Repeating Grades: Does It Help Students?
When faced with the prospect of their children repeating grades, many parents wonder whether it's an effective method or not. It can seem like a dramatic step in the life of a child or adolescent.
Repeating grades is a relatively common occurrence, and there are many theories about it. The results of the study, “To Repeat or Not to Repeat” by Dr. Helen McGrath-Deakin of the University of Melbourne, are very edifying.
Published in the Western Australian Primary Principals’ Association (WAPPA) magazine, it includes the results of a number of investigations performed by professionals.
By focusing on this study, we can draw clear conclusions on the subject of whether repeating grades is necessary and useful or not for students. We’ll also consider information from recent PISA education reports.
Repeating grades: the current state of affairs
In recent decades, there has been plenty of research on the subject of students repeating grades. Specifically, most of these studies clearly indicate that there are no academic or social advantages for the majority of students held back a grade.
It seems likely that there is no other educational issue in which the conclusions of the research are so unequivocal. However, it’s a matter where there is a significant discrepancy between what the studies say and what schools actually do.
The gap between the evidence and the common practice is clear. Making kids repeat grades is widely accepted in many schools around the world. Many of the professionals behind the PISA educational report have confirmed the following opinion:
“Repeating a grade in order to improve student performance is usually not a very effective measure.”
For years, it has been recommended that countries increase individualized teaching within the classroom. This would prevent students from leaving the system because they feel like they’re not meeting expectations.
Concrete data on repeating grades and its consequences
Repeating grades doesn’t improve academic results
The majority of the time, students who repeat a grade never manage to catch up academically. The academic achievements of students who repeat any grade are minimal and short-lived.
“The longitudinal studies have clearly identified that, although many repeating students make some academic progress during the year they repeat, these improvements generally disappear within two to three years.”
–Shane R. Jimerson (University of California)–
In addition, repeating a grade is usually seen as a demonstration of failure. As a result, it can negatively influence teachers’ perceptions and expectations of the student.
Repeating a grade negatively impacts mental stability
Repeating grades, even when handled with sensitivity and confidentiality, makes students think they’ve “failed.” As a result, they’re separated from their peers of the same age. Studies from the University of Cambridge conclude that, for most students, this creates feelings of shame, stigma and a loss of self-esteem.
Repeating a year is a major source of stress for most students. A study conducted by professors Shane R. Jimerson, Gabrielle E. Anderson and Angela D. Whipple at the University of California offered some clarifying conclusions:
“Sixth-grade students in elementary school feared repeating the grade more than losing their parents or going blind.”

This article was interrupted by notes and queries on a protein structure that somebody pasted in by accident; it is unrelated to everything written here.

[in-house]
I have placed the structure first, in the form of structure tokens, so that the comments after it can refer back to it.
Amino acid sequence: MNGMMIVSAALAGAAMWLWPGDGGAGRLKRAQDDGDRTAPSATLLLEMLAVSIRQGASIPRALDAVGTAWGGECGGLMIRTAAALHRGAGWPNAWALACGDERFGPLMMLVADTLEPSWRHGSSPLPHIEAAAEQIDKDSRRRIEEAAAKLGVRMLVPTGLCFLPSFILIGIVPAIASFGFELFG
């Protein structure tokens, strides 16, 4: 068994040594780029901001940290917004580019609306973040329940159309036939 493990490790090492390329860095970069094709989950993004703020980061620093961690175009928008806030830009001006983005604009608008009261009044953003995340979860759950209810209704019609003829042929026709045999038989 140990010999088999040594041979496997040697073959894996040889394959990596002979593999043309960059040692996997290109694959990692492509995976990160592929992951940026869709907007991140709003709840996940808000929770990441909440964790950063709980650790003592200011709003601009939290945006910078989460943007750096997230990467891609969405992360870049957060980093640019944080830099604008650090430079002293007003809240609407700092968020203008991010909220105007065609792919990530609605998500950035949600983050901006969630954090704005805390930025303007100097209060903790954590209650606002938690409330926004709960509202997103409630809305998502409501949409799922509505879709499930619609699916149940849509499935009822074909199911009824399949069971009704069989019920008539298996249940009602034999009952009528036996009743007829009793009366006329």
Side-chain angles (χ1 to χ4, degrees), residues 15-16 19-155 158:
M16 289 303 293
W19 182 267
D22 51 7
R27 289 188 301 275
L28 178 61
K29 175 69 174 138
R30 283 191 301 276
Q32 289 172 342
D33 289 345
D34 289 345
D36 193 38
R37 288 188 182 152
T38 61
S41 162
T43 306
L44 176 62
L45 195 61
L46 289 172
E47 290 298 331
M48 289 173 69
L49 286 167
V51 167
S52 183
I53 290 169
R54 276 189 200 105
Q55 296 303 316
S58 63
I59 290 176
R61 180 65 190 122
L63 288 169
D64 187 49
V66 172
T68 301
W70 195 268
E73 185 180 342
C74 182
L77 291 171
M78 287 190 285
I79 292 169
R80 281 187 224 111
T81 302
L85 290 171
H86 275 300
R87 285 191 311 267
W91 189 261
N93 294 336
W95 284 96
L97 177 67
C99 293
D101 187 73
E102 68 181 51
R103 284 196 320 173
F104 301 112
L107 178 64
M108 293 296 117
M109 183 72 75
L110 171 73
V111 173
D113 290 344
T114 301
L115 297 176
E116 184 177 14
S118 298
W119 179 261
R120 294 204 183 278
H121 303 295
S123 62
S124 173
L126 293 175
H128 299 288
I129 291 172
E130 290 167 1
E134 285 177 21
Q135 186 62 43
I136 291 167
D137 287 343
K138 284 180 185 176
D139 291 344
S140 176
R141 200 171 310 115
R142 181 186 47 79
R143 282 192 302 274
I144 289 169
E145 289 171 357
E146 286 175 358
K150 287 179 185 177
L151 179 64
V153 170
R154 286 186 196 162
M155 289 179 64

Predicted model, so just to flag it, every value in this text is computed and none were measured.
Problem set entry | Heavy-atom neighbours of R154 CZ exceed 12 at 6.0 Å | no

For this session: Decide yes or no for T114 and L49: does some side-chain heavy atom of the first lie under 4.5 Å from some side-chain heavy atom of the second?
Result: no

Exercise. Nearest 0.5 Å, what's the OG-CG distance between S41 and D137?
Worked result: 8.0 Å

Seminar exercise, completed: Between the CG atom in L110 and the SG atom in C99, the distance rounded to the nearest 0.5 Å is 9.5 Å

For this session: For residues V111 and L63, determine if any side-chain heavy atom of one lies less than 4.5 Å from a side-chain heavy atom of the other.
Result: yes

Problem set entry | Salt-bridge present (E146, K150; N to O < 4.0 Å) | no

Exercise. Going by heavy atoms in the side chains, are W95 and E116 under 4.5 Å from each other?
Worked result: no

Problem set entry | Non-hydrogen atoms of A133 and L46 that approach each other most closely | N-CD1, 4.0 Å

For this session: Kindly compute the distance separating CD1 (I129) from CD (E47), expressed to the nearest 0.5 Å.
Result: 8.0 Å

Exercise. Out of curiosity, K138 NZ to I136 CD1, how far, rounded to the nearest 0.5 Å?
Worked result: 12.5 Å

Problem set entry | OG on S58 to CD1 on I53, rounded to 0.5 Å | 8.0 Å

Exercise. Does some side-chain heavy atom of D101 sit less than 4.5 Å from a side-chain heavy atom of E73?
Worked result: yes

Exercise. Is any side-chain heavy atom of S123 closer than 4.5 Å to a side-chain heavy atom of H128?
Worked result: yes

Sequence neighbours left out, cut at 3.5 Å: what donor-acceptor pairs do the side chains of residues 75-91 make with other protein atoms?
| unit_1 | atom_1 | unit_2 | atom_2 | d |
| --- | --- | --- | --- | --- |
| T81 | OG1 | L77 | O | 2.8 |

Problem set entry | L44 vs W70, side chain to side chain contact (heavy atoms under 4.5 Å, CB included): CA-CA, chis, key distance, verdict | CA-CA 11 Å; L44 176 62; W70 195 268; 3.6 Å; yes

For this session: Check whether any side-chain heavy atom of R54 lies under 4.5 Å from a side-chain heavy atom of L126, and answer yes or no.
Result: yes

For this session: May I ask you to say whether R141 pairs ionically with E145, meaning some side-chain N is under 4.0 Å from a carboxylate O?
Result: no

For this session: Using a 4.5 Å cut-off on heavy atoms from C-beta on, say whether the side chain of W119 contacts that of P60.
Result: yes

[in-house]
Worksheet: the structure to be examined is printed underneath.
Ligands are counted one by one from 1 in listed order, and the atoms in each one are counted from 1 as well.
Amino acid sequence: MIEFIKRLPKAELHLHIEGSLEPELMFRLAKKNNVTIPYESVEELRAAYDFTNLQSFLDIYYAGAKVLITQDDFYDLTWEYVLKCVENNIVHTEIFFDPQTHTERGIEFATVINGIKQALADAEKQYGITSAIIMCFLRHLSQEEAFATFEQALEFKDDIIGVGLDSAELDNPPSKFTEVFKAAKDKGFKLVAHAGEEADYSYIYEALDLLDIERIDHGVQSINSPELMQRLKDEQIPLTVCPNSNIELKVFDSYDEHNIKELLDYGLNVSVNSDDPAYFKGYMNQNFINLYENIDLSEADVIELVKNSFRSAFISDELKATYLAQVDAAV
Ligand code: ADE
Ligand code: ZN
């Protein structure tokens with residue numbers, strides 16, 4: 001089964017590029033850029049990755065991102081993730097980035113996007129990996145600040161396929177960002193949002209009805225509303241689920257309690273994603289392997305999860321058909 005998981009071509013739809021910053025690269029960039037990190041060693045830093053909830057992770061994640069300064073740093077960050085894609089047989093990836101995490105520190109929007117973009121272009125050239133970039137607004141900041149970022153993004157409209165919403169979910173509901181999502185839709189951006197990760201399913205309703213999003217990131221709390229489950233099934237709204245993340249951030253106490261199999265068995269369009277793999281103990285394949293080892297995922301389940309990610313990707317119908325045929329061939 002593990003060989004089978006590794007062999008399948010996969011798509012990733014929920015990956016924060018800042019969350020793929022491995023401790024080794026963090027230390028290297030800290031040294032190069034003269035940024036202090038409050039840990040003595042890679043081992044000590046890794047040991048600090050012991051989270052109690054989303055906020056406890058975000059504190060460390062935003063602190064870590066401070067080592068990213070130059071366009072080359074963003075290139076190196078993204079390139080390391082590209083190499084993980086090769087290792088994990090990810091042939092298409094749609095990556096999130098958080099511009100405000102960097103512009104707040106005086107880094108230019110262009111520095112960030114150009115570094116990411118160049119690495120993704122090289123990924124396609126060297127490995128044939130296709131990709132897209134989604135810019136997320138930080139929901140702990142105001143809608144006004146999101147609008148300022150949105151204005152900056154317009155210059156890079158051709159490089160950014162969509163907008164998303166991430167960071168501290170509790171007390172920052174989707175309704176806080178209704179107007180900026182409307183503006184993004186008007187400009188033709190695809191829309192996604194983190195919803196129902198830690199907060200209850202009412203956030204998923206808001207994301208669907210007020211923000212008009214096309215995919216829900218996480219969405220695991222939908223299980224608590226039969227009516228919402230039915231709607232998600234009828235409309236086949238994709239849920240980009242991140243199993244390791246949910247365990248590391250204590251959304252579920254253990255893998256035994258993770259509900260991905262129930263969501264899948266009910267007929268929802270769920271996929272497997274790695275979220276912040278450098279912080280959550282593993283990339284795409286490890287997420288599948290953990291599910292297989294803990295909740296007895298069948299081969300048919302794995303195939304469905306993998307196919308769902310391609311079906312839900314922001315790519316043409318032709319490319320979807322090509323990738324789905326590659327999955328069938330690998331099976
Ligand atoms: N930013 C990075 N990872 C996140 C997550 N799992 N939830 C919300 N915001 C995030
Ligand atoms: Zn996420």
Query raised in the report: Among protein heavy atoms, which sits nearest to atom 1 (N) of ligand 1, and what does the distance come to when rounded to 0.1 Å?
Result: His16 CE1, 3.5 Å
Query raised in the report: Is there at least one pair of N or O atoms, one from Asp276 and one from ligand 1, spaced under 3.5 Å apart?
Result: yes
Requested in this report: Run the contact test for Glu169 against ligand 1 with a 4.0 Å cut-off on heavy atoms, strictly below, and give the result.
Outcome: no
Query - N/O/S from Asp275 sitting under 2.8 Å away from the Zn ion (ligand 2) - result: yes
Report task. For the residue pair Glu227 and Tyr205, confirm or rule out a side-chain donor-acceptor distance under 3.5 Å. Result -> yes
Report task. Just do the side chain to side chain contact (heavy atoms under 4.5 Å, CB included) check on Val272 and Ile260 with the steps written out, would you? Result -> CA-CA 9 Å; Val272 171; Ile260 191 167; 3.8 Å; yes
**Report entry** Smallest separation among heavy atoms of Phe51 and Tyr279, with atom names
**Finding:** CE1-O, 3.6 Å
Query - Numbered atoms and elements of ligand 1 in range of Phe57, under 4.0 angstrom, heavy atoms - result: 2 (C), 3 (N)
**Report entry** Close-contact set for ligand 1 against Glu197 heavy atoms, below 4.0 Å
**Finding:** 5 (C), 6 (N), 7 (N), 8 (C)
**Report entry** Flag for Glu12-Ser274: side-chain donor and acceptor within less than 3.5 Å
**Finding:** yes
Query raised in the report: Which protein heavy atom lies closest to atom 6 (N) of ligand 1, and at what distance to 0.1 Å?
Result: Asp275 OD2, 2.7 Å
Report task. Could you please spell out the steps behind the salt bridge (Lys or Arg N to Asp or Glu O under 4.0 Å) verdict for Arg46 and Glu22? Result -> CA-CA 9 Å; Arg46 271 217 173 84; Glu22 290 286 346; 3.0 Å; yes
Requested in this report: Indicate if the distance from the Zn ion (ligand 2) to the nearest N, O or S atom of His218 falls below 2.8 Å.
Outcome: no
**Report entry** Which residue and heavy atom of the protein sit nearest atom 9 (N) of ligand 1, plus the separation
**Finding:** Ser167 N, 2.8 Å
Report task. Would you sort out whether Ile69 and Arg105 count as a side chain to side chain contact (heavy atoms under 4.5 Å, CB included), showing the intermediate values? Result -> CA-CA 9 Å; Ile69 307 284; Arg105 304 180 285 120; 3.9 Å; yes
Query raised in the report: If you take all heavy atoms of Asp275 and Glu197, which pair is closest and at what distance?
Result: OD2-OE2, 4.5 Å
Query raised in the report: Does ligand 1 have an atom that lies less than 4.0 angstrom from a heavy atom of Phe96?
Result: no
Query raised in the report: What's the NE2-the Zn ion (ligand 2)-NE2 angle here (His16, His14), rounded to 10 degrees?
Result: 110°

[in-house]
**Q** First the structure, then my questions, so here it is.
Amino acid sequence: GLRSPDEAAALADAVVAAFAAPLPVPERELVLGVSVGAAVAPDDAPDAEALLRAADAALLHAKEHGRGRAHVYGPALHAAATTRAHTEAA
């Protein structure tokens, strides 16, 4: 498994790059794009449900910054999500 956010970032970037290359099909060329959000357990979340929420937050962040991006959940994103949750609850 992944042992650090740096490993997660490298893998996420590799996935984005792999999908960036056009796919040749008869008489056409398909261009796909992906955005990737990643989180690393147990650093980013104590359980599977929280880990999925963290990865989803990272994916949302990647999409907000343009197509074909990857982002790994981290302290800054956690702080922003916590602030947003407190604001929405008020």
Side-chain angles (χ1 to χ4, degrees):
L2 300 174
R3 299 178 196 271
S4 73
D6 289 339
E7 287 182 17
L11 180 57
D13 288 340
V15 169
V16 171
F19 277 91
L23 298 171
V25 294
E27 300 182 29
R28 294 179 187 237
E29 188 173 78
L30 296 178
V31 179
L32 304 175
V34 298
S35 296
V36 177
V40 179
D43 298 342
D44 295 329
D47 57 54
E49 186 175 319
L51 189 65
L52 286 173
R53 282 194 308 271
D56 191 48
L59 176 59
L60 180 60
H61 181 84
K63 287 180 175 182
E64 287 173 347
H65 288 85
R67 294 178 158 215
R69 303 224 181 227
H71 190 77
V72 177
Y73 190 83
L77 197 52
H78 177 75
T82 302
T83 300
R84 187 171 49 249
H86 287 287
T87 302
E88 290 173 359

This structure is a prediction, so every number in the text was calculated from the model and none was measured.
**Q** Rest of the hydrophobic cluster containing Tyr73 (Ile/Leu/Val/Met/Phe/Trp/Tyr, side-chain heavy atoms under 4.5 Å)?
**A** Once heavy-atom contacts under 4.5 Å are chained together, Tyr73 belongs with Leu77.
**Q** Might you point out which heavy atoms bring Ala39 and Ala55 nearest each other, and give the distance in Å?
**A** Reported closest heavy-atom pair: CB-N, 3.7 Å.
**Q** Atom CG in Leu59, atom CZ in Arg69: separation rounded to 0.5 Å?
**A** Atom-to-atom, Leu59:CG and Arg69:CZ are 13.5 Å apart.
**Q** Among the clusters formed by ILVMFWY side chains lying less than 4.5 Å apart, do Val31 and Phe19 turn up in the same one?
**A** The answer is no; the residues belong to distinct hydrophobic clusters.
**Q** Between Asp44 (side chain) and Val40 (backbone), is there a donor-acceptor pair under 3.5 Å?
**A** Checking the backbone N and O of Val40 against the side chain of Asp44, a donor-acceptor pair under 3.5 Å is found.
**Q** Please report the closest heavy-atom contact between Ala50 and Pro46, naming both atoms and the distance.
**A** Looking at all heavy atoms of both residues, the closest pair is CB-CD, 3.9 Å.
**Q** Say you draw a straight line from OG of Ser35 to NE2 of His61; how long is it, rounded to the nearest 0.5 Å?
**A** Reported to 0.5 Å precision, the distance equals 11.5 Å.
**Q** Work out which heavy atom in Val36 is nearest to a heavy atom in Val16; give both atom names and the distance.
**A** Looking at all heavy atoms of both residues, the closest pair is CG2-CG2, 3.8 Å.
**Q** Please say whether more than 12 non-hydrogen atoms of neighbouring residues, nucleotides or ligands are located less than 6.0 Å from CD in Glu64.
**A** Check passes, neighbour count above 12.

Being older, and therefore taller and more physically mature than their classmates, is also a source of stress in many repeating students.
In many cases, this affects their social behavior. The repeaters also have to develop new social relationships, almost as though they were changing schools.
Repeating creates negative attitudes toward school and learning
Repeating students have a 20 to 50 percent higher chance of dropping out of high school. This is true when compared to students with similar levels of performance or behavior who didn’t repeat a grade. Several studies support this claim, including one produced by Temple and Reynolds at the University of Minnesota.
“Most studies in this field suggest that the higher risk of dropping out among students who have repeated cannot be explained by their poor performance. It’s directly attributable to the experience of repeating a year.”
The experience of repeating a grade can lead to an increase in aggressiveness and bad behavior. This is more pronounced in students who had already shown early signs of antisocial behavior.
In other words, the frustration, disappointment and anger resulting from this visible academic failure contributes to students becoming antisocial.
Alternatives to repeating grades
Having students repeat grades is a strategy that fails to address the needs of the majority of students achieving poor academic results. Nor does it properly account for students with social or behavioral difficulties. However, simply passing the student along with his or her peers without a structured plan isn’t the answer.
Ideally, schools should use strategies and intervention approaches. Above all, the interventions should be focused on meeting the needs of each student.
- Using cooperative learning strategies.
- Teaching students to develop and use mnemonic strategies to help them retain key concepts and information.
- Using self-evaluation rubrics.
- Relating the classroom activities and the curriculum to the students’ backgrounds, lives, and current knowledge.
In conclusion, the results of studies conducted in recent decades don’t support repeating grades as an adequate form of intervention. While there may be the occasional student for whom repeating proves effective, providing more of what didn’t work the first time to a student is usually an exercise in futility.